Family History: Why do we do it?

Up to 300,000 Australians are currently engaged in family history research. [1] It is a popular pastime in many first world countries, but it has been suggested that its popularity is much stronger in post-colonial countries such as the United States of American and Australia.[2]

A number of commentators have proposed explanations to account for the popularity of family history.  It has been argued for example, that interest in personal roots has increased along with a growing uncertainty about how families are constructed and defined, and with increasing consumerism and individualism.  Golby (1994) argues for example that the preoccupation with genealogy and origins is not unique to our times, but that throughout history during times of massive social change and uncertainty, people have turned to the study of history and the search for roots.[3] In support of this claim, Golby cites psychologist Stephen Sayers (1987) who argued that genealogy becomes particularly important for people whose identities are in doubt or under threat.[4]

Modern families are often referred to as “blended” families as they can comprise stepparents, and stepchildren. And there are families comprising same sex couples with children; children who have resulted from sperm donation and in vitro fertilisation; adopted children and parents of different race.  Within this social context, origins and heritage seem to have a gained a particular significance. On a recent ABC radio broadcast, sociologist Kevin McDonald[5] argued in a similar vein to Golby, that in Australian society today, family relationships are becoming increasingly uncertain.  He argues for example that two quite different things are happening. “On the one hand, relationships between couples in families are becoming more and more contingent, or more and more contractual.”  McDonald suggests that the rise in prenuptial agreements provide an example of these contingent relationships.  On the other hand, McDonald argues that, “the relationship between parents and children in the family is becoming more and more irreversible.” This he argues is evidenced by the decline in the rate at which people give up children for adoption, and in the “extraordinary measures people who had been adopted take now to find their biological parents.”[6]

McDonald attributes recent changes to the focus within family relationships to a rising individualism that has contributed to a belief that knowing one’s genetic heritage “tells me really who I am”.  He argues that the designer culture of our consumer society has lead individuals to construct their own identities, so that identity is now far less concerned with family and nationhood for example, and is now more concerned with the self and personal constructions of identity.  We also see this emphasis on the individual in increasing numbers of children within the so called ‘blended’ family who bear a different surname to that of his or her siblings, and who in many cases will bear a unique surname constructed from the names of both of their parents.[7]

Apart perhaps from the need to establish identity, the motivation to know about ancestors is not the same for all groups of people.  The need to know and understand our personal identities can be different for Indigenous Australians, for immigrants and refugees, for people who have been adopted, and more recently, for those people whose births have resulted from in vitro-fertilisation  or sperm donations. For some the motivation is political, for others it is about genes and health.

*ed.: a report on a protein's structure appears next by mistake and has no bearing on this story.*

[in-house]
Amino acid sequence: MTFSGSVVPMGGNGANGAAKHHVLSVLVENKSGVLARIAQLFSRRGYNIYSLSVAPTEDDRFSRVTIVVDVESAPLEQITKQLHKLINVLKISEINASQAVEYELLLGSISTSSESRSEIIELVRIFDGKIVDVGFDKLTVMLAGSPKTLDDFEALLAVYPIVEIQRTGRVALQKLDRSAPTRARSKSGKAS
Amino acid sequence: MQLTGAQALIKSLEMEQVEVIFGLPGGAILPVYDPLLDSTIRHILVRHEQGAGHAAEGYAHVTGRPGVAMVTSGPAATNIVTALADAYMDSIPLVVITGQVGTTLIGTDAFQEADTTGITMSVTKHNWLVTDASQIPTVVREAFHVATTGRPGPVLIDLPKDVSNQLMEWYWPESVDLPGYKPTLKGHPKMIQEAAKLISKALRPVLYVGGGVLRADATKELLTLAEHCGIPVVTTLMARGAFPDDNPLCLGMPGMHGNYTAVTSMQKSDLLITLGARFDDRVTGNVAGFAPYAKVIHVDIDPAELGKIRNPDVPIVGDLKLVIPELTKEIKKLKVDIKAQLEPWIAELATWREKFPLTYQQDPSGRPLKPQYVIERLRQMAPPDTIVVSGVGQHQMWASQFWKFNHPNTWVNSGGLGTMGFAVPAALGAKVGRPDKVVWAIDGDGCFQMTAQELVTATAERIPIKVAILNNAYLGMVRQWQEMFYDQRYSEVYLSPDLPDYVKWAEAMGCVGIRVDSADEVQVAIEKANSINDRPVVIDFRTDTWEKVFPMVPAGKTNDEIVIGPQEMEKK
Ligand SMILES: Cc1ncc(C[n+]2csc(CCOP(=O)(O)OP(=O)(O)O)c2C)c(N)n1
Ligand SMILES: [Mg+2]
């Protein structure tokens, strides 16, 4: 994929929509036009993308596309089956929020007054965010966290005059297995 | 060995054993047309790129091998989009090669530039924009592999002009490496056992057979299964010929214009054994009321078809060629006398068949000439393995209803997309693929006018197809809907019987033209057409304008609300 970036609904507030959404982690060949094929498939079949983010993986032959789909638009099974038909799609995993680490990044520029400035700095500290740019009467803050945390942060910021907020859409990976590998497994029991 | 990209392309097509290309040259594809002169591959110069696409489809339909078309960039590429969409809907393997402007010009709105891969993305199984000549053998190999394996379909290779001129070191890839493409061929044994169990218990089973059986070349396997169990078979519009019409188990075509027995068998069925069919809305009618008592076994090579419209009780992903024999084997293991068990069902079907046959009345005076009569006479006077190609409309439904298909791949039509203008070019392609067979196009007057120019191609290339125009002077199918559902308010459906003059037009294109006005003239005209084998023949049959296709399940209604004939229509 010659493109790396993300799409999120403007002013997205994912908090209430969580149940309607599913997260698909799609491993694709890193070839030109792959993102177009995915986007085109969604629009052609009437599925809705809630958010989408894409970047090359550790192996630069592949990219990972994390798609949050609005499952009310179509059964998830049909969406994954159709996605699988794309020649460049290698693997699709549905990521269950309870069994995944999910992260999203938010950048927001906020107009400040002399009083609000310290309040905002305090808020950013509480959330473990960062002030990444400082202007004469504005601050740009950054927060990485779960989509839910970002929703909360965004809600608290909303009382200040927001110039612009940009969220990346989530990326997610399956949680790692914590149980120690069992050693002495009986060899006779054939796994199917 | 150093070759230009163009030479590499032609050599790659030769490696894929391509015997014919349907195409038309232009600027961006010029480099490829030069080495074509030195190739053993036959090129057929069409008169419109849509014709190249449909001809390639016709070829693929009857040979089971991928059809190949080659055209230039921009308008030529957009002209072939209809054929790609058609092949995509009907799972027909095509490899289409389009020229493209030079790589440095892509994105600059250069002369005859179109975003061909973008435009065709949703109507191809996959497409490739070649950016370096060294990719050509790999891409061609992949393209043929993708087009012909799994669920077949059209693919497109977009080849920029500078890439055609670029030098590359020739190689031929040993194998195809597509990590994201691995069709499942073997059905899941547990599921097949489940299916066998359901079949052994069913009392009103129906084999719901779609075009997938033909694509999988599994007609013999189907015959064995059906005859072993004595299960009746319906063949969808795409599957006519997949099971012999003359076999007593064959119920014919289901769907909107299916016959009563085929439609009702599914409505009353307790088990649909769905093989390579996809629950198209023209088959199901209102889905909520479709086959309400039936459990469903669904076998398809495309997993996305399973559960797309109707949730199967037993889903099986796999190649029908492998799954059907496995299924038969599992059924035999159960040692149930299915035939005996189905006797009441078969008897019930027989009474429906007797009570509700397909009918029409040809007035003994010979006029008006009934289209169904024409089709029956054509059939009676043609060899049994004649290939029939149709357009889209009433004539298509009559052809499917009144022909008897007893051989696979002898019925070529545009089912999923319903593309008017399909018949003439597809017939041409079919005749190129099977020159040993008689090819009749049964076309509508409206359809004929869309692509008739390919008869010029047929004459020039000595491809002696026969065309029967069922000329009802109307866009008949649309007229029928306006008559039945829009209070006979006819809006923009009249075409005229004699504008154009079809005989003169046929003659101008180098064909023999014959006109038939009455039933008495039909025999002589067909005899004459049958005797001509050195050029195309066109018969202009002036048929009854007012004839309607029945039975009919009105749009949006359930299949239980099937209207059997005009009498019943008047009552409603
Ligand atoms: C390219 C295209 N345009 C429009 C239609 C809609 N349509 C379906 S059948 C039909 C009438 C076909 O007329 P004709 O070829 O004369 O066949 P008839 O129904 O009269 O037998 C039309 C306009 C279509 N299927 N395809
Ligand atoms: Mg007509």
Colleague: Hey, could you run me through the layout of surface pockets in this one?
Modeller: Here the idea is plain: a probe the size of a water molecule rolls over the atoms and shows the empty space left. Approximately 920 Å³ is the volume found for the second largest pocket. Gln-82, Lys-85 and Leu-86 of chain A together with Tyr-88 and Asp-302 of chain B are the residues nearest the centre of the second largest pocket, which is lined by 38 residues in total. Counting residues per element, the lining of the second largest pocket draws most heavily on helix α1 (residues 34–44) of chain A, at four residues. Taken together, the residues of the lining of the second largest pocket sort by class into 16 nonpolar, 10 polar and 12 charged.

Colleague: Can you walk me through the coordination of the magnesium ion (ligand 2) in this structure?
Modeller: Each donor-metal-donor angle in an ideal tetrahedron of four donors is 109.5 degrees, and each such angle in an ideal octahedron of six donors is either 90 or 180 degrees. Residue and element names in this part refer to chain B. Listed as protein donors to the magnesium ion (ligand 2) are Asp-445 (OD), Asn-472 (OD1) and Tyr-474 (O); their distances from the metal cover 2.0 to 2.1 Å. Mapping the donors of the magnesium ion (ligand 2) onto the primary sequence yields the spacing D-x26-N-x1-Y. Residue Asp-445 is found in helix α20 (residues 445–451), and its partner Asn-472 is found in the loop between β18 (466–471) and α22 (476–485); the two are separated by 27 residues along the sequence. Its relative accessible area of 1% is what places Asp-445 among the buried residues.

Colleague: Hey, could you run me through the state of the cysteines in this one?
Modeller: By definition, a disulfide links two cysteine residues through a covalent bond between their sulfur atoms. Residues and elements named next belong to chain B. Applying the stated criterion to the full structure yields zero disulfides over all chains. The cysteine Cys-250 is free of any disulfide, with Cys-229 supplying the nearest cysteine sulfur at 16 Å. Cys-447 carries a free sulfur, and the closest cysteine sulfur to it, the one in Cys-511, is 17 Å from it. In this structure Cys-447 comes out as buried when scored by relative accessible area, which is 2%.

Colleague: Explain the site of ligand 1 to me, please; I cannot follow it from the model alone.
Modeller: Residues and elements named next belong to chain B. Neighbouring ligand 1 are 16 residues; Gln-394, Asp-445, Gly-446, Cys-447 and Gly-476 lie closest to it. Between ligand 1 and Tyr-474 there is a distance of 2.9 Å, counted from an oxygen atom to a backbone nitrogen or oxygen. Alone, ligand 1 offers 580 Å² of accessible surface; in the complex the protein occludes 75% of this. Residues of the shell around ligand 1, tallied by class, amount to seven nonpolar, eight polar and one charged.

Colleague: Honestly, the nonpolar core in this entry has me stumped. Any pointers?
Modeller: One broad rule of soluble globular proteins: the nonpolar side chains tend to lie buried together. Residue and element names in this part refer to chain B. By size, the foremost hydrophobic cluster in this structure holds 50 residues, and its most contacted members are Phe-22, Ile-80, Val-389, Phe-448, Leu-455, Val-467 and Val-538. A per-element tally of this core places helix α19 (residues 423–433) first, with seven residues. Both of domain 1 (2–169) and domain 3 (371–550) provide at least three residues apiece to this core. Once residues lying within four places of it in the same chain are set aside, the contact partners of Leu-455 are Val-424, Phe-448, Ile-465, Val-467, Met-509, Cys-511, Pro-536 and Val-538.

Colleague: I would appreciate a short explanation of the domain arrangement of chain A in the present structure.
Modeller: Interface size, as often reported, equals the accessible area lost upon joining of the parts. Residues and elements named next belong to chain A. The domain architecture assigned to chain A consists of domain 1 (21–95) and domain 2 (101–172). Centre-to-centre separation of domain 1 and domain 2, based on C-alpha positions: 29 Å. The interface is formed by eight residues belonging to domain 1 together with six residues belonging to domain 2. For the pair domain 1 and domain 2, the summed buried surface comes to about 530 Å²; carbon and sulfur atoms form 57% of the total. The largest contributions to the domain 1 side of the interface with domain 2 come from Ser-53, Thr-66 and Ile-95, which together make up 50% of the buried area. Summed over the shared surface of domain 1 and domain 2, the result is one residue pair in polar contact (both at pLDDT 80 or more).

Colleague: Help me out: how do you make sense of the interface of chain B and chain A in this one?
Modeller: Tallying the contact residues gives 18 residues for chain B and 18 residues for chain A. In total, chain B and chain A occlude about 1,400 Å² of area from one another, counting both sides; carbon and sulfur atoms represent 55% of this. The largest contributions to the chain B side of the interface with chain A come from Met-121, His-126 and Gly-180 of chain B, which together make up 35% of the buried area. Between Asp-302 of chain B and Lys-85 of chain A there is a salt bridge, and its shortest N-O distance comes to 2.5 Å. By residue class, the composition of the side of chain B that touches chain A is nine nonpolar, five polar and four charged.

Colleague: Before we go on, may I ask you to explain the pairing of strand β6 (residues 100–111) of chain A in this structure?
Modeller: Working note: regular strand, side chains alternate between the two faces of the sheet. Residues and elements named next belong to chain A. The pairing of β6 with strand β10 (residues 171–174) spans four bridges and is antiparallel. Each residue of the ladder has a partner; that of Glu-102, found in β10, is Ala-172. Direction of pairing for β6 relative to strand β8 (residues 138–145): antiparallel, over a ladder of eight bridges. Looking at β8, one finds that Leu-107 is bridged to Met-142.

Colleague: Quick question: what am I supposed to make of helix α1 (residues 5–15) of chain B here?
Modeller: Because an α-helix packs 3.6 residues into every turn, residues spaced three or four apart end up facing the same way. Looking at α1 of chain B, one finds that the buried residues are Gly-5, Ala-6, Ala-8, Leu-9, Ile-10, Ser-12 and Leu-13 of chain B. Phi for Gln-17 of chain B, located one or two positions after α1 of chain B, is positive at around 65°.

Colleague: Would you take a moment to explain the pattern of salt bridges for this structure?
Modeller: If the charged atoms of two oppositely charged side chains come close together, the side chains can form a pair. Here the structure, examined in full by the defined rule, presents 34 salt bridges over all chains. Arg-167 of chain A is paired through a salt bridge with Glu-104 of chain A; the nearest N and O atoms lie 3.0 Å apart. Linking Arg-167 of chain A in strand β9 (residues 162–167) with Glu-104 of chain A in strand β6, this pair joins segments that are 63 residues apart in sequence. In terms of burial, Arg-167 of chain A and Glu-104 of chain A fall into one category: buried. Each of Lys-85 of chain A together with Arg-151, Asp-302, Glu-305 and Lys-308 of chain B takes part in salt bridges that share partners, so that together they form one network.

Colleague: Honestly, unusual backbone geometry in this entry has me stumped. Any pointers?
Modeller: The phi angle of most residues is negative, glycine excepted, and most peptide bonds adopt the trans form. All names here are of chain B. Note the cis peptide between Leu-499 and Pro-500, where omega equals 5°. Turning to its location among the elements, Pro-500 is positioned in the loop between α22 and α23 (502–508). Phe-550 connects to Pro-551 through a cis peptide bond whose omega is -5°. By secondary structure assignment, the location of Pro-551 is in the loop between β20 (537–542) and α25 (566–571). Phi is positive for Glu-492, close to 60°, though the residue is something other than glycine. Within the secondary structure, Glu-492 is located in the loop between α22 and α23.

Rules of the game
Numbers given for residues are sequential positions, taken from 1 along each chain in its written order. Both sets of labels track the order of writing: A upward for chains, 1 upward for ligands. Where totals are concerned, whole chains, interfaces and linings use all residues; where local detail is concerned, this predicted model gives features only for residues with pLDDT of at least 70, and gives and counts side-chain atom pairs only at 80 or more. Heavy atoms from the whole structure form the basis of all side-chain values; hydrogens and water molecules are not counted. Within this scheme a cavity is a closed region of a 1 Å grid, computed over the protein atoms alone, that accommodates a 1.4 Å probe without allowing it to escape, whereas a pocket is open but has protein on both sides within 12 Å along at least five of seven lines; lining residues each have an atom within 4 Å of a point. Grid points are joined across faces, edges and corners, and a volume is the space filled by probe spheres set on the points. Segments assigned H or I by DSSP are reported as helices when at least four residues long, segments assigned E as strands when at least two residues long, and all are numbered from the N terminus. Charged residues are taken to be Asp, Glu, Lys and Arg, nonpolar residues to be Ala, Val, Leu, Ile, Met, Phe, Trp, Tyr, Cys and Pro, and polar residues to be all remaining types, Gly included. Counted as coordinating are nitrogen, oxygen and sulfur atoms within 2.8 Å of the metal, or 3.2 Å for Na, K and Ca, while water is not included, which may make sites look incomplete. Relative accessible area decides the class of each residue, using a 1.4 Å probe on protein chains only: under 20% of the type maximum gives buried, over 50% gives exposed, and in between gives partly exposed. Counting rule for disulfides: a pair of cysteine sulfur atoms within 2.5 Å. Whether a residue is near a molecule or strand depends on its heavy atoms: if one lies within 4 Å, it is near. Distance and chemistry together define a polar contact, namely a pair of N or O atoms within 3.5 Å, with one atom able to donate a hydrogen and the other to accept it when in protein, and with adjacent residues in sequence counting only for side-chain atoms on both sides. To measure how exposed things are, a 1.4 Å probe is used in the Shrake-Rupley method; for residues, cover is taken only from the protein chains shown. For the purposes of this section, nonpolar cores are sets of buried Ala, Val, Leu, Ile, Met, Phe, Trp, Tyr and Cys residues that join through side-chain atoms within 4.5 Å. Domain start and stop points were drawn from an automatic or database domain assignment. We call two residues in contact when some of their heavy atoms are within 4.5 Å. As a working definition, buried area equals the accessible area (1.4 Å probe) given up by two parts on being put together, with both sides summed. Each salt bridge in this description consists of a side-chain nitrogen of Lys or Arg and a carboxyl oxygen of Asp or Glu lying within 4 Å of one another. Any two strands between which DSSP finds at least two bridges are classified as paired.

Whatever the motivation however, knowing who we are, and where we come from is now held to be a social right of all individuals.  This right to know our origins is probably as much about our preoccupation with health, and it is with identity. As the health concerns of modern communities have moved from infectious diseases to genetically transmitted illnesses, it is important to know our genetic origins. This knowledge can enable us to seek advance treatments, and even to mate more selectively to ensure the survival of our offspring.

For Indigenous Australians social and political imperatives to establish identity have driven improvements in the access to personal and family records. In South Australia for example, the Aboriginal Family History Centre at the Museum of South Australia was established in the 1980’s.  For Indigenous Australians family history research is not just an individual search for identity, it is also a political act that can establish claims to kinship, and to land and resources, as well as to entitlements.[8]

While identity is always a social construct and can be constructed in different ways, genealogy offers the appearance at least of something scientific and methodical. Both Davison (2000) and Habel (2001) agree that genealogy attempts to be objective and scientific.[9] Genealogy is afterall; “research using historical methods and documents which seeks to conclusively establish a given ancestry…”[10] [11]

Genealogy (or the Family Tree) and family history form in a sense, two sides of the same coin. Where genealogy provides the “bones” or structure of a family line, family history provides the ‘flesh’ or narrative that gives life to and provides a context for the lives of our ancestors.[12]  Harrison (2000) defines genealogy as the “body of knowledge accumulated by tracing one’s genes” through tracing ones line of descent.[13]  She argues that family history is different from genealogy in that it is an attempt to “extend the concept by placing the individual within a family group then within a community.” Family history then, according to Harrison, ‘puts people back into history.” [14] It enables us to ‘fill-out’ the specific story of an ancestor by extrapolating the general to the specific.[15]

With its origins in establishing claims to inheritance and nobility, genealogy is often considered to be an essentially conservative pursuit. In its modern construction, however genealogical research can also be considered to be part of the process for the democratisation of history, in much the same way as local and community history movements have been.  Genealogy and family history have become part of the celebration of the ordinary man and woman.[16]